Even if I have a limited set of options, and construct a tree such that the leaves are only the things available to me, then I end up with a new problem. With only "available options" to choose from, there is almost always a compromise between one parameter or another. Such as, let me choose a slightly lower ranked college if I get a better overall experience in terms of my education. This decision, since it is not a strict yes-no, is really difficult to take, as the one question that keeps flashing in my head when I choose to compromise on something is "what if I live to repent it?" I mean, how do I predict what I will need more in my future; and even if I can, how can I do it accurately.

And all this while, this choice which is already made is not helping me at all in choosing which choice is already made! Of course, once my conscious mind has made a decision, those scientists will come around with a map of my brain and say, "There! We knew you'd choose that all the while!" Not much help then, is there? So here's where this beautiful mechanism called intuition steps in. I don't know how my intuition knows what the right choice is, maybe it somehow communicates with the factor that has already made my choice for me. But as far as I remember, whenever I have felt strongly about something and gone by what I have felt, I have almost never repented. That's it then! I know which university I am going to, and I definitely know which pair of shoes I am taking there.


Yashita said...

KT said...

The theory of optimal decision making. Quite difficult really. You have not discussed the issue of whether a person will choose to traverse the entire depth of other branches or just get an approximate value for that branch and base his decision on it. Good post.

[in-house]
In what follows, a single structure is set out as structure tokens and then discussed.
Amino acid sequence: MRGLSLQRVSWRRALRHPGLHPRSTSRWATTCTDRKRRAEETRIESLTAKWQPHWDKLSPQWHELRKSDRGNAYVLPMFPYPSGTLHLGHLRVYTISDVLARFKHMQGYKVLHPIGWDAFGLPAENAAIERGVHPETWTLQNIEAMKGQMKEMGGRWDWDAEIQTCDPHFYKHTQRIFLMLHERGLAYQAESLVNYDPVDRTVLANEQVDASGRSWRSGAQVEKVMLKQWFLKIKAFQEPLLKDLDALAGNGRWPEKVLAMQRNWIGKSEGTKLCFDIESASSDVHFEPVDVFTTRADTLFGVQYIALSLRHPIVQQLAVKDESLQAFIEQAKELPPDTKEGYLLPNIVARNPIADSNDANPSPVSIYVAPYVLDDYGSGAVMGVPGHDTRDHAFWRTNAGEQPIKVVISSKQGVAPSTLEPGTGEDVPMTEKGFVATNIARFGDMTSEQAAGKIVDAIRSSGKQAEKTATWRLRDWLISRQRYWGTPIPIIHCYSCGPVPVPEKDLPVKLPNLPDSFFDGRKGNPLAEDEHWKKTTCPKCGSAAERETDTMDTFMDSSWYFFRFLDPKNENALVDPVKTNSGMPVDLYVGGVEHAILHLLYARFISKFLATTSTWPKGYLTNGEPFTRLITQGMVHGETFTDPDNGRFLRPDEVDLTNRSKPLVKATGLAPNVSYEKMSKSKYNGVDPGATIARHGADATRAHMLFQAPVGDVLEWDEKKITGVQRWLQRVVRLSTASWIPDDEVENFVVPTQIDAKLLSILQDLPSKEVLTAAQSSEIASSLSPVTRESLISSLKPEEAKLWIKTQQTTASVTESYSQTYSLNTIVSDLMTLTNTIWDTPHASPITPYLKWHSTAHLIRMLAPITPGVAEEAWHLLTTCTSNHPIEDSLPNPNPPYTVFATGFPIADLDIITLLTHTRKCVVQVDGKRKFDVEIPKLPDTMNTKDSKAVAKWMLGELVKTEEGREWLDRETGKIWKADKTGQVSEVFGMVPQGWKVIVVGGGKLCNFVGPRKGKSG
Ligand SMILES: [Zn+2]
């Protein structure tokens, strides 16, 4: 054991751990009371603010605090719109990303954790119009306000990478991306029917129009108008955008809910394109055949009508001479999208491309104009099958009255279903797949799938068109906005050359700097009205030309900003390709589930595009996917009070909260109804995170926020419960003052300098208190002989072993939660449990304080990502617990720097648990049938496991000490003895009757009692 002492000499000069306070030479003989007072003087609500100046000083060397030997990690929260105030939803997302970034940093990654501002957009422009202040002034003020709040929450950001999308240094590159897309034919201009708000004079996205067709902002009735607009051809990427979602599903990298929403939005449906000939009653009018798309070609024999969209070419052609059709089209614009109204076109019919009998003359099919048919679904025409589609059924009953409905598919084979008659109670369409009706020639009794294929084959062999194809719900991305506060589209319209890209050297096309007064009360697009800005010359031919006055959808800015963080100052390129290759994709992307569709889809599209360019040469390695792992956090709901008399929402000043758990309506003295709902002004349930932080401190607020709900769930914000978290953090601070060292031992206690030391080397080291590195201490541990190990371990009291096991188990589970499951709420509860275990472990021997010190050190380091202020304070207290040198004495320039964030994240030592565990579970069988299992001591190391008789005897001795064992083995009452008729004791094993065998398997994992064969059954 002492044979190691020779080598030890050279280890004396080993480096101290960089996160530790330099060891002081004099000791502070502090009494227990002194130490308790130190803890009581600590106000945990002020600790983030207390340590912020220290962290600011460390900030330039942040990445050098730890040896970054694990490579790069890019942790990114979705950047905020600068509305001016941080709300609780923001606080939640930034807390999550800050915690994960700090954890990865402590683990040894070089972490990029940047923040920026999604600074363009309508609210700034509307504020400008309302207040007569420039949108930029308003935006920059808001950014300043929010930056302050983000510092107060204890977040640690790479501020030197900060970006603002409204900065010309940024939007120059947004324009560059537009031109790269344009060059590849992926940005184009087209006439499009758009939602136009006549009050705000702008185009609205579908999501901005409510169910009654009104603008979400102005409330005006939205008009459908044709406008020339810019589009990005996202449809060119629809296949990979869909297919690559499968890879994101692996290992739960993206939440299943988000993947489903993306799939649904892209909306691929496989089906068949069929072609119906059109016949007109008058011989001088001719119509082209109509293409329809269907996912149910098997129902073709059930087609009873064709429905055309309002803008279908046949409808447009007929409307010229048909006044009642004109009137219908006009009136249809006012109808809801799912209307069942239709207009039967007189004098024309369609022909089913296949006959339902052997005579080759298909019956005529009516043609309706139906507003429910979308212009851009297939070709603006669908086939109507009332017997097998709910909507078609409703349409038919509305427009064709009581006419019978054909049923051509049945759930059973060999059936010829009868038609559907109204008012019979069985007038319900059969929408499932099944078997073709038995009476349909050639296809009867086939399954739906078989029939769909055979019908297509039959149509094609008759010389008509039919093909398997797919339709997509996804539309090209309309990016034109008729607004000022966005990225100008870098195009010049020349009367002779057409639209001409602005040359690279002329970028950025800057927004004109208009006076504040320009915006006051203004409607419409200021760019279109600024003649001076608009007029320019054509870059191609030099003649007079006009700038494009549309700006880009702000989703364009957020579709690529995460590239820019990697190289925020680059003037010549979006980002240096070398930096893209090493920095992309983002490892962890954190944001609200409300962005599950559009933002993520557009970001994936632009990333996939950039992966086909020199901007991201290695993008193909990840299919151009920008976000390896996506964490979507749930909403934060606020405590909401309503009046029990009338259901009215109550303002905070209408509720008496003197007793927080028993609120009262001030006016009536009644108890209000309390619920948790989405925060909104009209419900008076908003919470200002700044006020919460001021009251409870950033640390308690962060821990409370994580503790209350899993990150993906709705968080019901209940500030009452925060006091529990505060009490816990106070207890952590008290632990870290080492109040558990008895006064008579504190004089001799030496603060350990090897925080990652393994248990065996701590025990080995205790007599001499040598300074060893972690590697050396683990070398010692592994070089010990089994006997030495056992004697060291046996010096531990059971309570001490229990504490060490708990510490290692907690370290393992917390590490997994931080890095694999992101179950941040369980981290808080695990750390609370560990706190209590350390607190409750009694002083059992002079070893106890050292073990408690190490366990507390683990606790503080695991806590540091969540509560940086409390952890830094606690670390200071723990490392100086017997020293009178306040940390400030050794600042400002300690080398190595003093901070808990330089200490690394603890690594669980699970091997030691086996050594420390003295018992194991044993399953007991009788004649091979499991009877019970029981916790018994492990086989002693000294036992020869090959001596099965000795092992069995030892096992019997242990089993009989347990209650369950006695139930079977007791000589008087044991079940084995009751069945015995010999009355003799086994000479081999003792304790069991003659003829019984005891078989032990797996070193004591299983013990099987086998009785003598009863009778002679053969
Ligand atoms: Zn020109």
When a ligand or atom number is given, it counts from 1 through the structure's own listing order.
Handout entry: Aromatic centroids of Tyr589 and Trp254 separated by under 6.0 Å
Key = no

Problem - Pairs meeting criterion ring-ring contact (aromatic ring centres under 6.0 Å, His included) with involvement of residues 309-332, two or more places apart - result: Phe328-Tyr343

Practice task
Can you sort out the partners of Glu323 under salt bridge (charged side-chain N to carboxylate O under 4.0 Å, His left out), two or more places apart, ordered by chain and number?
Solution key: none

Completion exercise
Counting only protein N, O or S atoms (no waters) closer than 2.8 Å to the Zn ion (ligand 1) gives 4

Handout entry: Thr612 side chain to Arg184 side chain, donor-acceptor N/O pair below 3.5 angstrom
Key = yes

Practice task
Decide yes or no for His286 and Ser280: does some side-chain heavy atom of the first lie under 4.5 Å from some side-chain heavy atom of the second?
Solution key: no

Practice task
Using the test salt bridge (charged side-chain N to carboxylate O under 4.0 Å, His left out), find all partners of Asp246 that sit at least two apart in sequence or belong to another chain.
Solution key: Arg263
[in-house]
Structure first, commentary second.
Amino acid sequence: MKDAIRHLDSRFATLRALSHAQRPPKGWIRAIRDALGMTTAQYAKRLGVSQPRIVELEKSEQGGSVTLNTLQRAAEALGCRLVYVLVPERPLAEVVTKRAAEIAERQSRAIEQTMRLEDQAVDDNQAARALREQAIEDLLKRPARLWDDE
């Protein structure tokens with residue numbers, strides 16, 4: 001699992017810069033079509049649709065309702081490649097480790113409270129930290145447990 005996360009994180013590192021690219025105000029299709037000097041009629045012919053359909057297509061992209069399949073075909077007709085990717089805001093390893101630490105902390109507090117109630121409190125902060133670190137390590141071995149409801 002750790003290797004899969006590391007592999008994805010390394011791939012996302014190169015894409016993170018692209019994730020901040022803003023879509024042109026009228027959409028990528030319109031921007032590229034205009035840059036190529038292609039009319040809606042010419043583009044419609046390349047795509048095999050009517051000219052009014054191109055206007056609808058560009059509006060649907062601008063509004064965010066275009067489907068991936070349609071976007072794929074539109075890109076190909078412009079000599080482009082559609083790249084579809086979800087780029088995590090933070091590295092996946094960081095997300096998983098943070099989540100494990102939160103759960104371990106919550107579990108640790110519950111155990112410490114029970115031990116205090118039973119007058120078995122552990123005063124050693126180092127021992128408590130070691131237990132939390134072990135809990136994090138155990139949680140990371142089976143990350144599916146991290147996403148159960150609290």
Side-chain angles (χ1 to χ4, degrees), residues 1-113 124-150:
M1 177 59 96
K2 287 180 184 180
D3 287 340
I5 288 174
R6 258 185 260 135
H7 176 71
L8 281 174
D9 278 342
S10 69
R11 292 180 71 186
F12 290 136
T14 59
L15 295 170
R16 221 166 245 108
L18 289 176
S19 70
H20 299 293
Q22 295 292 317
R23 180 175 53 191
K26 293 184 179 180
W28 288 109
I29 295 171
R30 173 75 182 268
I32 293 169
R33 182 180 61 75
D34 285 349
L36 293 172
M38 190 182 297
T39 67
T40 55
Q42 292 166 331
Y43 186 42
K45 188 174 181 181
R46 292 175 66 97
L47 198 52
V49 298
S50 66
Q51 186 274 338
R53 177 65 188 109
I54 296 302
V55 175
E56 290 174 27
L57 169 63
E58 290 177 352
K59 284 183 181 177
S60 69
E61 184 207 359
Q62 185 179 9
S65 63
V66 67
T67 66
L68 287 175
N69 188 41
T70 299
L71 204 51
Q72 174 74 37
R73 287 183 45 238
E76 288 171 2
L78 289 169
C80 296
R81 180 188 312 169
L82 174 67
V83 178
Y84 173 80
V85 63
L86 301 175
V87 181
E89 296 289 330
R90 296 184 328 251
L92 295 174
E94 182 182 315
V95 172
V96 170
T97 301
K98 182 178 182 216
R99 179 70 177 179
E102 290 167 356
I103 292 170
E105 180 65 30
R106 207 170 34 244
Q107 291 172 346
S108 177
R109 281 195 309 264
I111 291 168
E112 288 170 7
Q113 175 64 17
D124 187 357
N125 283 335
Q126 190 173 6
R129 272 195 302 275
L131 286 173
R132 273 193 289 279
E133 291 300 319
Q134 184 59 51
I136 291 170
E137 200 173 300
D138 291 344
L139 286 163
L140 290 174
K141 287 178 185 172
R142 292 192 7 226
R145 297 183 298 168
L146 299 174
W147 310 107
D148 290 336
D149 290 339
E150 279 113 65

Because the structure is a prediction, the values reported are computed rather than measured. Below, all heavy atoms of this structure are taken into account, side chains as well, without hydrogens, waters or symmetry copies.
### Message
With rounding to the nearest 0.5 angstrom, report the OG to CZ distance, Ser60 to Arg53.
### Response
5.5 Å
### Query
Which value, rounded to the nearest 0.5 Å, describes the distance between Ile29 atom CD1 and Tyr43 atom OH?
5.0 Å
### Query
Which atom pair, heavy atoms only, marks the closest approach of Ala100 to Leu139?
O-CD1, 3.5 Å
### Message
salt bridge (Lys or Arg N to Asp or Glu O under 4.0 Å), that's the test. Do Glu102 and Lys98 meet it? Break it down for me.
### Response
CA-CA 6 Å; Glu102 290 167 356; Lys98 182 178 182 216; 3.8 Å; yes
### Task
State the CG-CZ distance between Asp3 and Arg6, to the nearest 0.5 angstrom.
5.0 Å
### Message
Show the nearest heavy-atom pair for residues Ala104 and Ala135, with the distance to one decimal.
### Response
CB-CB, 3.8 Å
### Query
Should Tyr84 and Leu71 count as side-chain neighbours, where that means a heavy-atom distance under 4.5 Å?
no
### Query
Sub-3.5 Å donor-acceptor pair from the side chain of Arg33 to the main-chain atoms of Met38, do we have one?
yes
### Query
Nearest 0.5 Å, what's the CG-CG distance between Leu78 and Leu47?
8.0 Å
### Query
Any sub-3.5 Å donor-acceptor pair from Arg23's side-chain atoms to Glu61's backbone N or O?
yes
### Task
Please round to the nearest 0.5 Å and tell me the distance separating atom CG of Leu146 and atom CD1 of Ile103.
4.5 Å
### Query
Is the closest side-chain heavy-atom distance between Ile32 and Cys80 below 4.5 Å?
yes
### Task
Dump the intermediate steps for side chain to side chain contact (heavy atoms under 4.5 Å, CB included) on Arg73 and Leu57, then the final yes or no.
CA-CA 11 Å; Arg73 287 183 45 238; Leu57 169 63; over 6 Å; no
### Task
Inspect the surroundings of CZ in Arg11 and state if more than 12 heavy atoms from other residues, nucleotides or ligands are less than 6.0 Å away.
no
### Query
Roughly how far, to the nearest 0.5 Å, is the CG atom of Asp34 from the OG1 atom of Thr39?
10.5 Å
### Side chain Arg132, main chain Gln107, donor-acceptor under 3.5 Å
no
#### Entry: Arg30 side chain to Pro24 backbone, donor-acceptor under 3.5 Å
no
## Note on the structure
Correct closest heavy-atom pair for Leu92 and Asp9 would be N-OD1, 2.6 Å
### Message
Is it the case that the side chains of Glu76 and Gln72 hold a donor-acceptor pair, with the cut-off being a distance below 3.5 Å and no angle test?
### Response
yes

Om said...

next time, write about how to choose a girlfriend (or in ur case, boyfriend (perhaps :p)).. that would be even more interesting ;-)

Eeshan said...

hi there, these lines are a bit contradictry don't u think?

"I have five options, and hell, I love having to choose!"
"The problem is, most of us average minds aren't aware of what we seek."

Renuka said...

@Eeshan: I love that I have 5 admits! I can't complain really... its good to have that kind of a choice.
The second sentence is the reason why making choices becomes so difficult.. cos many of us don't really know what we want, and hence, can't decide what would be best for us.
Did that make it clearer?

@Om: Yes, I have been thinking of writing about that for some time now. I get that asked that question more often than you can imagine!

Kaarta said...

You said it! I spent the entire month of April contemplating whether or not to give up a university located on a scenic island with beaches, for a higher-ranked one in a (comparitively) dull city. The non-beach one won in the end, I guess we love to be miserable for the choices that we make, and hope that current misery brings future happiness - which it rarely does.

And true, it is intuition which finally helps us make the call, rather than a complete run through the decision tree (if that is possible).

See ya at Tech! Co-ordinates = (502A, GLC)